P.Sivasankara Pillai has been promoting zero waste concept
Domestic waste disposal has now become a nightmare for the residents of the capital city. Left with few options to cleanse our homes, many among us quietly go about dumping household waste at unsuspecting alleys in the middle of the night. But what if the very waste could significantly curb our financial burden by doubling up as an energy source? Such a technology is being developed by P. Sivasankara Pillai, a doyen in waste management.
“The very word ‘waste’ is a misnomer,” says Dr. Pillai, former head of Department of Chemical Engineering, Government Engineering College, Thrissur. “Polluting the environment by dumping the so-called waste is not a solution. In fact, it is proven that bi-products from industries and households alike could be recycled and used to develop useful materials, thus resulting in a zero waste ecosystem,” he explains.
With eight patents to his name and over 12 papers published in international journals, Dr. Pillai is one of the leading pollution consultants in India. He has been instrumental in crafting industrial effluent management solutions for a plethora of national and international companies. He is a recipient of the National Award for Excellence in Process Development by the Indian Institute of Chemical Engineers and the Indian Merchant Chamber Award for Pollution Control. Through the NGO ‘Indian Society for Industrial Symbiosis’ he promotes his zero waste concept amongst industries.
Dr. Pillai is currently working on a mass sewage treatment project along with the LBS Centre for Science and Technology and the Suchitwa Mission, Kerala. “Through the process of biomass gasification, which is essentially an incomplete combustion of sewage, large volumes of gaseous bi-products can be generated. Ergo, gas engines can be used to generate up to 1.5 megawatt of electricity from the Corporation’s current daily sewage output of 35 metric tonne,” he claims.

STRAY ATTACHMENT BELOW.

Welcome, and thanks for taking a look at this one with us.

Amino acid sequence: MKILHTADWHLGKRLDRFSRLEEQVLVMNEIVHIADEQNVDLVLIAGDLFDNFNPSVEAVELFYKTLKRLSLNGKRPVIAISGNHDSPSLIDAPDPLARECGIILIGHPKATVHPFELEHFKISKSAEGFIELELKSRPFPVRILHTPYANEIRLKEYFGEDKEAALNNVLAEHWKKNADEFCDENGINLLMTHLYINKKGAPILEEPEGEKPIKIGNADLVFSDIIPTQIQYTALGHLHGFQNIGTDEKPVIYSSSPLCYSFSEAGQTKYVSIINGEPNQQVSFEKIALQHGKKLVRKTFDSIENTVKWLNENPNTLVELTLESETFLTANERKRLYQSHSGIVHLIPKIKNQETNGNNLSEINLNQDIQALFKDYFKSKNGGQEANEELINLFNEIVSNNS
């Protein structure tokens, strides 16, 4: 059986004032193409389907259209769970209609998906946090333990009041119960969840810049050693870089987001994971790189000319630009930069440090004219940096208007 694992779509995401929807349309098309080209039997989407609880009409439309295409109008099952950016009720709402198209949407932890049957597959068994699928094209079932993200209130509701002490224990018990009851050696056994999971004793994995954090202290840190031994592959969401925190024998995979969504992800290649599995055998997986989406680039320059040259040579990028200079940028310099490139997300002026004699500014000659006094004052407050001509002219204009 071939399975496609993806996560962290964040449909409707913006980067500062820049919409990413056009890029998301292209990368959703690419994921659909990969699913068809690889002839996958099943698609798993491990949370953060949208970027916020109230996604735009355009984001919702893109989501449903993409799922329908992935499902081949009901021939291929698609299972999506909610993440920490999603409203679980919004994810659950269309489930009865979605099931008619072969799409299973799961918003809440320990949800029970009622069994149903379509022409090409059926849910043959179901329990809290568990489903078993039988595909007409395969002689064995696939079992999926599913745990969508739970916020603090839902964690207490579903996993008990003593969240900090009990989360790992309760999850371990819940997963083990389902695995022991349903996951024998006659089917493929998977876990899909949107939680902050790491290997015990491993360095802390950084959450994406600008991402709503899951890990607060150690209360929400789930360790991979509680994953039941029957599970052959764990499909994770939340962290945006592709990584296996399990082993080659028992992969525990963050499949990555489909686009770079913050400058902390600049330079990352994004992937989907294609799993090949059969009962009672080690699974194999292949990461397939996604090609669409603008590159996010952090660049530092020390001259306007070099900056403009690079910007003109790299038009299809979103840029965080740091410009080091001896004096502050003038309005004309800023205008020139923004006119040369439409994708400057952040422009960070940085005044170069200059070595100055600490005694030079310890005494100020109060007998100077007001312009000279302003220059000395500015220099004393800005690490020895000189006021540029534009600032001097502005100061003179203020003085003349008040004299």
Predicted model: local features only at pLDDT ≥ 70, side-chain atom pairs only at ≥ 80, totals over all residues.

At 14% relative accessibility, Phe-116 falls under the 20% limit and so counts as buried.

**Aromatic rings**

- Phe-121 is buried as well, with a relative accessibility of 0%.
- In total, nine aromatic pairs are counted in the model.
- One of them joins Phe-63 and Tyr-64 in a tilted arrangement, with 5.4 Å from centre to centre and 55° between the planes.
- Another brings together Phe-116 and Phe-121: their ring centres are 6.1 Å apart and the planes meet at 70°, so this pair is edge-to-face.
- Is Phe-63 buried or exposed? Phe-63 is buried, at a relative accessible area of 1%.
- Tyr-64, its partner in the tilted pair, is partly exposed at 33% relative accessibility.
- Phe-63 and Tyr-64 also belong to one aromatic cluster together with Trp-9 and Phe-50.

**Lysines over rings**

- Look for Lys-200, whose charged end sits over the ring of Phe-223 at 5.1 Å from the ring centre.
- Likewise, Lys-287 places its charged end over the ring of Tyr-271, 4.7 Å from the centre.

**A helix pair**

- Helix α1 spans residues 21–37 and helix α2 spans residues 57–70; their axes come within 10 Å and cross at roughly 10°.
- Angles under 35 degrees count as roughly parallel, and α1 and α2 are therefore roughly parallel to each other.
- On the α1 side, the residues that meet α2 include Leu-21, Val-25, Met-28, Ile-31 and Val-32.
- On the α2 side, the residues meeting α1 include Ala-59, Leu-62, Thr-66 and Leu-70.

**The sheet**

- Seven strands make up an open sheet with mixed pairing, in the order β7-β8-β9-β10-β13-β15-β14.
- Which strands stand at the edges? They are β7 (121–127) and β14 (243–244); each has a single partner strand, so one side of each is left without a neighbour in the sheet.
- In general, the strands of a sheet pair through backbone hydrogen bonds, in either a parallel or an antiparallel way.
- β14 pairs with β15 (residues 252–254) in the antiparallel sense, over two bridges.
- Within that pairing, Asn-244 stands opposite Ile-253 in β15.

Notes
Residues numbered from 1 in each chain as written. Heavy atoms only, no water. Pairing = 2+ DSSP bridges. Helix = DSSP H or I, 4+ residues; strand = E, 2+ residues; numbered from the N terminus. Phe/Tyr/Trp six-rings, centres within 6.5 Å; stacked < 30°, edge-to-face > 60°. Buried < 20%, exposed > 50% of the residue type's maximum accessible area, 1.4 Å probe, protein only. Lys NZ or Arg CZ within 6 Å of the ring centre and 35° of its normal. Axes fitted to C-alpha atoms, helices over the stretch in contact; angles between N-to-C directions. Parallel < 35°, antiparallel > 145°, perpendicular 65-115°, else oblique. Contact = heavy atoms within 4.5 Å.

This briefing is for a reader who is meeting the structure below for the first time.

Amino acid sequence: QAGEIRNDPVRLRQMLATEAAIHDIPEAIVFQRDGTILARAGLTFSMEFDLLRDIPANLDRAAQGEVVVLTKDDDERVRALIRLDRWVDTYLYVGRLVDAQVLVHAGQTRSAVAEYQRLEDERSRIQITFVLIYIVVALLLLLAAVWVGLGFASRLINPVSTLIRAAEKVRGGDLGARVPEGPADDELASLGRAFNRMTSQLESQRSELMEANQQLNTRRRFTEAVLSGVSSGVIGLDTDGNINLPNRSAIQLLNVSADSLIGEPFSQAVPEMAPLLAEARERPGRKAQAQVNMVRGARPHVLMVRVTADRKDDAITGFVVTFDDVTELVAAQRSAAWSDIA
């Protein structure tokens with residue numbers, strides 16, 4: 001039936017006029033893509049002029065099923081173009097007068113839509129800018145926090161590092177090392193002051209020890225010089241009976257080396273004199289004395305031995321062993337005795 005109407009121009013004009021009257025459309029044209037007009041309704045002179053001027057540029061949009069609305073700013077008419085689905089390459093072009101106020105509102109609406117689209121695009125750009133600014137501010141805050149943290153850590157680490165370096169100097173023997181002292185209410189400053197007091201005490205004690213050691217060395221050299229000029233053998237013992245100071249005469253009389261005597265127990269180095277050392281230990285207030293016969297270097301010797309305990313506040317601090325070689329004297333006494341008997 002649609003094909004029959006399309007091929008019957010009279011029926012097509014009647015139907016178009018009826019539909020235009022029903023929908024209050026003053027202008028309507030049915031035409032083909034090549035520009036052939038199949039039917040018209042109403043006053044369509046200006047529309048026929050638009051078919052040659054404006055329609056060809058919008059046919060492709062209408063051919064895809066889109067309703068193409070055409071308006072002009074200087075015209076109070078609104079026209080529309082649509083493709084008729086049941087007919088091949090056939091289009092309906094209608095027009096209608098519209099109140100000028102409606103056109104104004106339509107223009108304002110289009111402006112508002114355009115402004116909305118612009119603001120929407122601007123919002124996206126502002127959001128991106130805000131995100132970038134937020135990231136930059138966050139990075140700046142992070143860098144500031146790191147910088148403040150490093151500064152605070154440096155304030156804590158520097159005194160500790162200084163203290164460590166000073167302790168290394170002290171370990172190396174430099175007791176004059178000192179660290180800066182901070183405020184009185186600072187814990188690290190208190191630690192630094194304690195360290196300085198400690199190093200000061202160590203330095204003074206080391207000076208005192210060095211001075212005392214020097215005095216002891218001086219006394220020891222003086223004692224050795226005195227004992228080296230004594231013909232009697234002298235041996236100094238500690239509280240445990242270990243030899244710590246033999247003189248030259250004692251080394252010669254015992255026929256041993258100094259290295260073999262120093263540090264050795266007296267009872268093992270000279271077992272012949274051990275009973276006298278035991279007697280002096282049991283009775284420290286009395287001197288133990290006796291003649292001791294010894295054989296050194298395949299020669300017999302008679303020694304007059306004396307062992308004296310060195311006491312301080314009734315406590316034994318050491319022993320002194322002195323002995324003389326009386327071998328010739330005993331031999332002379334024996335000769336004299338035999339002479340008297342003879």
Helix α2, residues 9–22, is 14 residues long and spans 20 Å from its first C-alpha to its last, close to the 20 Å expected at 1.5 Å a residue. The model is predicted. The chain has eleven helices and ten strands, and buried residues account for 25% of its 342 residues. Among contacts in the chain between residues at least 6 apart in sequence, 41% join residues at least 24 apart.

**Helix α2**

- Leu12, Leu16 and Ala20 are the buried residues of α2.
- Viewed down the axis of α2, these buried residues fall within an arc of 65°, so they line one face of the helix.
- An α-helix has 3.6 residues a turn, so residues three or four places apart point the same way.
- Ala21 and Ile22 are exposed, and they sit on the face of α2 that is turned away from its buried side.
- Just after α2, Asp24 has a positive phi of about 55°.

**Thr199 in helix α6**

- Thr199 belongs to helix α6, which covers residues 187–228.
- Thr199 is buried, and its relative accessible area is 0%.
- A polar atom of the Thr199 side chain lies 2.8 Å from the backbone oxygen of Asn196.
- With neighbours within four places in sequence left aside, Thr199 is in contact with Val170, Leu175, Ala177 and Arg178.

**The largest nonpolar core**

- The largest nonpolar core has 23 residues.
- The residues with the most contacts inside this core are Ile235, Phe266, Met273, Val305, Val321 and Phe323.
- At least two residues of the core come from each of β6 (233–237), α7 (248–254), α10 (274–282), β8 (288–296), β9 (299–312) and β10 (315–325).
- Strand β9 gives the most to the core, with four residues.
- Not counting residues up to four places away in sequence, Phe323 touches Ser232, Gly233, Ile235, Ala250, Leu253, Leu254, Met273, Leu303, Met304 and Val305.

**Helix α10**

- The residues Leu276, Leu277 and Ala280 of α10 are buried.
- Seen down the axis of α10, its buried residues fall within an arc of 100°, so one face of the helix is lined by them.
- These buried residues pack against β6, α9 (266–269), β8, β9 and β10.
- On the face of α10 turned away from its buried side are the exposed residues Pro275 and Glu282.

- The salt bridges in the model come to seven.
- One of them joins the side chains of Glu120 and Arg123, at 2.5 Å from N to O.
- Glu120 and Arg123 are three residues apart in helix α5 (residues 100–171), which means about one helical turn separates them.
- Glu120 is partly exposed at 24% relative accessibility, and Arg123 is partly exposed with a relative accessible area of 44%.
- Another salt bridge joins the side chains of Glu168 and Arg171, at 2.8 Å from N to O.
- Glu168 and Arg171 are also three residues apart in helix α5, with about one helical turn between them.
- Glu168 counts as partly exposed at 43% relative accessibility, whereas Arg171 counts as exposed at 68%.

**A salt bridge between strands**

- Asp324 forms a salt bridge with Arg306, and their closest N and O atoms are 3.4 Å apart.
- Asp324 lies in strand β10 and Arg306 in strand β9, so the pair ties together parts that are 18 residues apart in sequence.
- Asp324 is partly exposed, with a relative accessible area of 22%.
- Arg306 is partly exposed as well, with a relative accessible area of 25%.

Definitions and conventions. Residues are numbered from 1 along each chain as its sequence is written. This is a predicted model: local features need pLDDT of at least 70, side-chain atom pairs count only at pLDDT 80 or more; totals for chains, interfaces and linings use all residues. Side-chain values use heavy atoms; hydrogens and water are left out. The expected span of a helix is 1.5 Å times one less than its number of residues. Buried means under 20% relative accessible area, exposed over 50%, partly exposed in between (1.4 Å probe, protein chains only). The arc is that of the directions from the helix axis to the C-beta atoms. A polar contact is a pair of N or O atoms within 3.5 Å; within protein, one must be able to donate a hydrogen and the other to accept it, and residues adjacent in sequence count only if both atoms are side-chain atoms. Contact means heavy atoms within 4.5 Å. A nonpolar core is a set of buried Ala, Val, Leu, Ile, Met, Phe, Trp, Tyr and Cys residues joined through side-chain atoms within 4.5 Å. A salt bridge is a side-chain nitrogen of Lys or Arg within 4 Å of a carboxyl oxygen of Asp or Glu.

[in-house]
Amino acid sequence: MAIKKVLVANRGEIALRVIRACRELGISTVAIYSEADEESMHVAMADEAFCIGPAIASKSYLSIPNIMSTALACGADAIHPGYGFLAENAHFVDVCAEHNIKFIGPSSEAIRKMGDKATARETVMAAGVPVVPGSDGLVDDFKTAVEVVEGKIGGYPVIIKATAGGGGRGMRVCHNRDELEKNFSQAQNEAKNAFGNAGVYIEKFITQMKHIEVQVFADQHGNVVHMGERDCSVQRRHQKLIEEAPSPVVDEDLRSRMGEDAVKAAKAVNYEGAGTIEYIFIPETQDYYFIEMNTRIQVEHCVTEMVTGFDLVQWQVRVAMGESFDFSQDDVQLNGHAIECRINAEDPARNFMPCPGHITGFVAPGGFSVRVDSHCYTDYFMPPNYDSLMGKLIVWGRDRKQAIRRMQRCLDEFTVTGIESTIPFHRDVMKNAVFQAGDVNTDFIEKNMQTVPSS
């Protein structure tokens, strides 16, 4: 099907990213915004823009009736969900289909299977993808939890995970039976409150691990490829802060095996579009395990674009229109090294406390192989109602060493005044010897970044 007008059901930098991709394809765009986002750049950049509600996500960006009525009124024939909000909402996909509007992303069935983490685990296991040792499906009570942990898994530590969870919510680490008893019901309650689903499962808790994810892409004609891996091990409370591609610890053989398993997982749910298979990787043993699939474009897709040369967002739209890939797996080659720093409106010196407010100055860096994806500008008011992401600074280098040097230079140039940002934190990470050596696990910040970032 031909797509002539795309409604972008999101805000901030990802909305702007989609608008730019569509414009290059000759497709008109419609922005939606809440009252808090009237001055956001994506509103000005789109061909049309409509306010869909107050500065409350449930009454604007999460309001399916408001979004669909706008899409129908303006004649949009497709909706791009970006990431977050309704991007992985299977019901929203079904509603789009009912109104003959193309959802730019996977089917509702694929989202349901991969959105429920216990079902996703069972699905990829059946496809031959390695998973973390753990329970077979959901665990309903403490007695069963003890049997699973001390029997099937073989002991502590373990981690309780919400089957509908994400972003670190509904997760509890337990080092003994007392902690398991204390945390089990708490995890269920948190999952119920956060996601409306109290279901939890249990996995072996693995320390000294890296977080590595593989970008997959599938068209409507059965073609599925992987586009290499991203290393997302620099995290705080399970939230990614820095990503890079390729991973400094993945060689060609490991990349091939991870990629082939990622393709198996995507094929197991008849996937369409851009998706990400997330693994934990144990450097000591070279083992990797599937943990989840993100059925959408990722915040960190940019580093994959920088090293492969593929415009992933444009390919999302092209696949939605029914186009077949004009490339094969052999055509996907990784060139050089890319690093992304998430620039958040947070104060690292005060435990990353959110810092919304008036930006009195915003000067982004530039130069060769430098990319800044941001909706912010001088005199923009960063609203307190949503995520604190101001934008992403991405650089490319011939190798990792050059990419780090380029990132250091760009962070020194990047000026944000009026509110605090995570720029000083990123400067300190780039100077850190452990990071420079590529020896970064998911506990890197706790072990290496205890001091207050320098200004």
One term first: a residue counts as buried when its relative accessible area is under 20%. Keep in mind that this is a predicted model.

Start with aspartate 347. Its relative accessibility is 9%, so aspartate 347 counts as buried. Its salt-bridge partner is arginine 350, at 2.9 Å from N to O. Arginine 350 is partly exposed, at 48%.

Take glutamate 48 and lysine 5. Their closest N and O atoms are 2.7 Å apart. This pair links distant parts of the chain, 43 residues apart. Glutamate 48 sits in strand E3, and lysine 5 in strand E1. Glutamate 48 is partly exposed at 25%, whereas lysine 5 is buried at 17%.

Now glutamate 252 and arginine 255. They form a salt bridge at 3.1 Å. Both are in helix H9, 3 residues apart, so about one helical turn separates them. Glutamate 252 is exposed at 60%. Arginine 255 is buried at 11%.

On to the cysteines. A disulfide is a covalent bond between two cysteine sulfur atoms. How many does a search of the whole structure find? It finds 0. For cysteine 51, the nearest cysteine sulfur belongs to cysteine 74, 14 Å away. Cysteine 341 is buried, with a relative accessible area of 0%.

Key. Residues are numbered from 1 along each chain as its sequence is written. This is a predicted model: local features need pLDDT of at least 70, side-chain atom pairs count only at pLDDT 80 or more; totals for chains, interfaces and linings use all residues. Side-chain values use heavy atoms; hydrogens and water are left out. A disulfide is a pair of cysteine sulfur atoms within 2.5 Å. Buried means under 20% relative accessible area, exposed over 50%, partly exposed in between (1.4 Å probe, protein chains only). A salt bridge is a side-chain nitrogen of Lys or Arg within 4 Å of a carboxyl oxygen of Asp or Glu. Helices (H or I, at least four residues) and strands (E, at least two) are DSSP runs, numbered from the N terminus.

Dr. Pillai also says that the solid bi-product from the process could be used as an efficient fertiliser. Presently, sewage from the city is being treated at the Corporation’s Valiyathura plant, which often leads untreated sewage to water bodies like the Parvathi Puthanar and the Akkulam lake, thus causing severe environmental and health hazards. Dr. Pillai says that all this can be avoided at a fraction of the cost, utilising merely 25 per cent of the area involved for the current process. “Housing colonies and flats, where large amounts of sewage are generated, can also replicate the same process. Even organic household wastes can be treated the same way,” he adds. However, he notes that people are resistant to change.
“When we come up with innovative solutions to tackle the burgeoning waste disposal problems, some people would go to the extent of even physically attacking us in an attempt to prove us wrong,” he reminisces.
What is it that drives the septuagenarian forward, despite his ailing health? “I am a teacher first and a chemical engineer next. I would like to pass on my knowledge and do my best to equip the world for the environmental challenges of tomorrow,” he signs off.
For more information, contact him at firstname.lastname@example.org.